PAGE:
I.T.@Pillsbury Winthrop L.L.P.
How to Outsource Your Trial Support
By Mark V. Reichenbach
AS THE litigation support manager for Pillsbury Winthrop L.L.P., a 900-attorney law firm with 17 locations, one of my responsibilities is to ensure that the attorneys and legal assistants throughout my firm have what they need in the way of database and imaging systems for their cases. Additionally, I am responsible for the training of attorneys and legal staff on litigation support systems -- making sure that they know how to use these systems efficiently and are well trained and prepared for their case.
Points for Picking an Outsourced Litigation Support Specialist
1 Get referrals from colleagues and professional organizations. The National Association of Litigation Support Managers is a great resource.
2 Call and speak with a knowledgeable person within the company, and make sure that they have the services your firm needs.
3 Do competitive pricing and make sure you're getting value for your money.
4 Ask for references from the company and follow up with them; speaking with another client can make all the difference. Specifically ask questions along the lines of, "Did they miss any deadlines?" "Were they responsive to your needs?" "Would you hire them again?"
5 Make every effort to communicate your needs effectively to the vendor.
Pillsbury Winthrop was created in 2001, with the merger of Pillsbury, Madison & Sutro L.L.P. and Winthrop, Stimson, Putnam & Roberts. Our practice includes about 350 corporate and securities lawyers, 250 intellectual property and technology attorneys, and 250 lawyers who handle complex and international litigation. With offices in major capital finance and technology centers through-out the world, and using a team-based client service model, we are expected to provide our clients with 24/7 coverage whenever they need us. We counsel clients on all aspects of global business, technology transactions and IP protection.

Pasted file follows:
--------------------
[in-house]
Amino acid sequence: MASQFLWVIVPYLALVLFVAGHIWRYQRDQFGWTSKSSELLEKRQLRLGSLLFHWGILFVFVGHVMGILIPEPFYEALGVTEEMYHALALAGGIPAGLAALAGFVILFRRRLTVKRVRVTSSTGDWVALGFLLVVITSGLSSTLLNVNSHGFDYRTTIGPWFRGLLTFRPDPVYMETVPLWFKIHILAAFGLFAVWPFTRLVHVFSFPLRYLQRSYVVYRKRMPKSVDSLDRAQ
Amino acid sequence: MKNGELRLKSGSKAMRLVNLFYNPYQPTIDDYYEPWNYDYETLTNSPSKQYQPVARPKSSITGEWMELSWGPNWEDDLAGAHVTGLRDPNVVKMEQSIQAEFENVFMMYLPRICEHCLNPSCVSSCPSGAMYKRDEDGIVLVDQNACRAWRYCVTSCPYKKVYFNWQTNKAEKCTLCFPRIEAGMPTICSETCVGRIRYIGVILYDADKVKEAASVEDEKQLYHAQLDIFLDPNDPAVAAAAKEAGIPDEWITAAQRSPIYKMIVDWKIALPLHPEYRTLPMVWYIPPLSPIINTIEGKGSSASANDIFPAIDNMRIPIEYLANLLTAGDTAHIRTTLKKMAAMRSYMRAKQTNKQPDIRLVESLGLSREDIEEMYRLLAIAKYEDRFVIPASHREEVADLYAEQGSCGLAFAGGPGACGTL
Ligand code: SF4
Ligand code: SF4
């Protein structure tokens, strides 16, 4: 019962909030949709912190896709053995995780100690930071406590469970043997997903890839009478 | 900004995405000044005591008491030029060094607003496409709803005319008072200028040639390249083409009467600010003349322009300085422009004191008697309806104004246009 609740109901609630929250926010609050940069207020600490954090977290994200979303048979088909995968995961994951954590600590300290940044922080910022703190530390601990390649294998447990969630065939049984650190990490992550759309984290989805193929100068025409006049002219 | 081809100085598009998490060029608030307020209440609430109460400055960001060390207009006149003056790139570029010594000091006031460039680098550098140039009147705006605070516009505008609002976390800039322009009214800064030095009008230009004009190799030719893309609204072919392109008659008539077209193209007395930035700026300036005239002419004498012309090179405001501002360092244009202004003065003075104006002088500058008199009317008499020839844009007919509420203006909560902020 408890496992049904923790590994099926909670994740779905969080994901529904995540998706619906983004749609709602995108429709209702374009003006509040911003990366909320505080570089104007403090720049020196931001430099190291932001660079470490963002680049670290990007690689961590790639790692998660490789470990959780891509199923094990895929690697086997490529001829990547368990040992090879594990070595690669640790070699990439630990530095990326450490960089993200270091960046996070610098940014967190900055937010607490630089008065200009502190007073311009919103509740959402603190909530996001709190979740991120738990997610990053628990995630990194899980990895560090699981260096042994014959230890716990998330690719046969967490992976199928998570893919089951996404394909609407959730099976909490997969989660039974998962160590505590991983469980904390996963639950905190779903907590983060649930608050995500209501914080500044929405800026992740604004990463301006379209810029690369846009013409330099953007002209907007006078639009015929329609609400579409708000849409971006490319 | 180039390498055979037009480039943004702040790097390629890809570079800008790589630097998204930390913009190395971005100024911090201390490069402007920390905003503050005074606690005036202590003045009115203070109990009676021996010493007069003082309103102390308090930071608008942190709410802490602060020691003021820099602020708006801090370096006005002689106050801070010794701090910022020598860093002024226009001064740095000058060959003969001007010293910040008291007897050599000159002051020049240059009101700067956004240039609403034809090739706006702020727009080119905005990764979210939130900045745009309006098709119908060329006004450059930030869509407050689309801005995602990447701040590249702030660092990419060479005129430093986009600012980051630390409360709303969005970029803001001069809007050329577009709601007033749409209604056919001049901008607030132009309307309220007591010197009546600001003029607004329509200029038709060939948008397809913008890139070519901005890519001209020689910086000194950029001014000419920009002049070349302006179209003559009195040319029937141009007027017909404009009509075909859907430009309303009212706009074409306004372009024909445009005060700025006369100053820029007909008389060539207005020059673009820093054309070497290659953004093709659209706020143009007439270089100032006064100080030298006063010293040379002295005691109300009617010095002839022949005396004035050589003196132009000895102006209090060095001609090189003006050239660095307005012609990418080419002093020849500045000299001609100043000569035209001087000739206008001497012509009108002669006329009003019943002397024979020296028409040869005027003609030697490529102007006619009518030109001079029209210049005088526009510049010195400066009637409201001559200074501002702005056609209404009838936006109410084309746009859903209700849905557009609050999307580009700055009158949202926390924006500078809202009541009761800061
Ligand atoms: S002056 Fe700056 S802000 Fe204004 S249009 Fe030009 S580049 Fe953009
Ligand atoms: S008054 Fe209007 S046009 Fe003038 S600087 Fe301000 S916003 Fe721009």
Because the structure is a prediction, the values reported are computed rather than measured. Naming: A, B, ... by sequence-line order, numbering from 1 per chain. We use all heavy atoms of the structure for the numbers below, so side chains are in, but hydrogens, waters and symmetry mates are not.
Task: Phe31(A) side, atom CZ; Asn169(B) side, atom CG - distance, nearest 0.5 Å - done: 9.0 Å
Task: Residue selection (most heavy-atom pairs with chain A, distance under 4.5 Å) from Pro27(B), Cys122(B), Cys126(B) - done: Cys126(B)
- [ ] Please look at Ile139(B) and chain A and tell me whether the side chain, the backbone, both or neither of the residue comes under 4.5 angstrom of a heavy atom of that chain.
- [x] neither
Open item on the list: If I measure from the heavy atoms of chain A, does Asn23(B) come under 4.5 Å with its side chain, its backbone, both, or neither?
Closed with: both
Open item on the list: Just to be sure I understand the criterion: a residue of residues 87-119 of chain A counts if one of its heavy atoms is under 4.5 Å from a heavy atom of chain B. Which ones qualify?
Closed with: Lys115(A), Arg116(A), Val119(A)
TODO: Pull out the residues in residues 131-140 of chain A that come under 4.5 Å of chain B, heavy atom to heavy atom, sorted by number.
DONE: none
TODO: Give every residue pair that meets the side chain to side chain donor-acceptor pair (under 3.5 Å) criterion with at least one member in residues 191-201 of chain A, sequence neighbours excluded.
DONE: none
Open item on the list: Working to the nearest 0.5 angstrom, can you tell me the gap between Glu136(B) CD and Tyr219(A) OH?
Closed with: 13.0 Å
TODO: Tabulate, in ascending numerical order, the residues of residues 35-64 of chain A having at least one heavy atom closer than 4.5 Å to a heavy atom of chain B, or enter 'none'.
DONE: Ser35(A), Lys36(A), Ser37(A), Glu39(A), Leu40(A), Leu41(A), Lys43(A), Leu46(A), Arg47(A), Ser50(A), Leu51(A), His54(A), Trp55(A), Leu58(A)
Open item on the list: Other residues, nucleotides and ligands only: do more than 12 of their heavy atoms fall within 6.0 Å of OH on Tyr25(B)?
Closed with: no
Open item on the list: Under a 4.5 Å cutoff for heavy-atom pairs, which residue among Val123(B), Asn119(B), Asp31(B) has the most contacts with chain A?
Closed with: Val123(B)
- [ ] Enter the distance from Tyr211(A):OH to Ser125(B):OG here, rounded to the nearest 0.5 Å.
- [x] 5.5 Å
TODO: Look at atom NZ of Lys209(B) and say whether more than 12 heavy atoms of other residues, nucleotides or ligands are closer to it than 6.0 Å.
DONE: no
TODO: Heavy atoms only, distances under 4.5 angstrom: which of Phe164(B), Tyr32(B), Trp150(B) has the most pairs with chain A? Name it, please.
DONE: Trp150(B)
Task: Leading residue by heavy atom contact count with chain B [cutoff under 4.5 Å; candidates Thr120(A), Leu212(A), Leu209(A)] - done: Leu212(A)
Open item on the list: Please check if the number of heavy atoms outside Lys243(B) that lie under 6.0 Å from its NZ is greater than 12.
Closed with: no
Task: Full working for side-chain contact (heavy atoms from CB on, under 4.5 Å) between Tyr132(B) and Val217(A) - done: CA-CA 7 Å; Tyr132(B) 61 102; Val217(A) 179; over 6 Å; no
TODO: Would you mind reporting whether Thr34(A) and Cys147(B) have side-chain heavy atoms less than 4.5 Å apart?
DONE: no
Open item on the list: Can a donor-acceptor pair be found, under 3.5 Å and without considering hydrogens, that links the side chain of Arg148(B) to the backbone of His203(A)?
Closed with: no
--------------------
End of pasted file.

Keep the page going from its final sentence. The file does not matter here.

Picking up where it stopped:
One of the bigger challenges I face as a litigation support manager is anticipating our attorneys' caseloads and their need for automated litigation support. Like most managers, I do not have the in-house coding and scanning resources to meet the demands of large, complex litigation matters. And like many firms, we've found great value in outsourcing certain litigation support tasks.
This certainly has become the trend in the legal industry. With so much to learn and, most of the time, little time to learn it, our attorneys and legal staff are happy to have resources available when they need to build a database or develop a visually outstanding trial support presentation.
We've found that there are litigation support specialists who can help us in virtually every area of trial. From trial preparation, to document management services, to support during a trial in the courtroom, there are litigation support companies that offer a full palette of services.
The question that is inevitably raised after one realizes the need for a litigation support vendor is who to hire. It is critical after all, that the vendor be ultimately qualified, professional, punctual, and knowledgeable. An absence of any of these qualities can harm the case.
For starters, seek referrals through colleagues and professional organizations.
-Mark V. Reichenbach
For starters, seek referrals through your colleagues and professional organizations. As the president of the East Coast Association of Litigation Support Managers, I had an excellent network of colleagues who could provide advice on outsourcing litigation support.
In addition to referrals, I learned that it also is crtical to do thorough research to find a litigation support company that meet's our firm's specific needs for each specific case. I conduct that research by reading industry law publications, visiting company Web sites, and interviewing the vendors I am considering.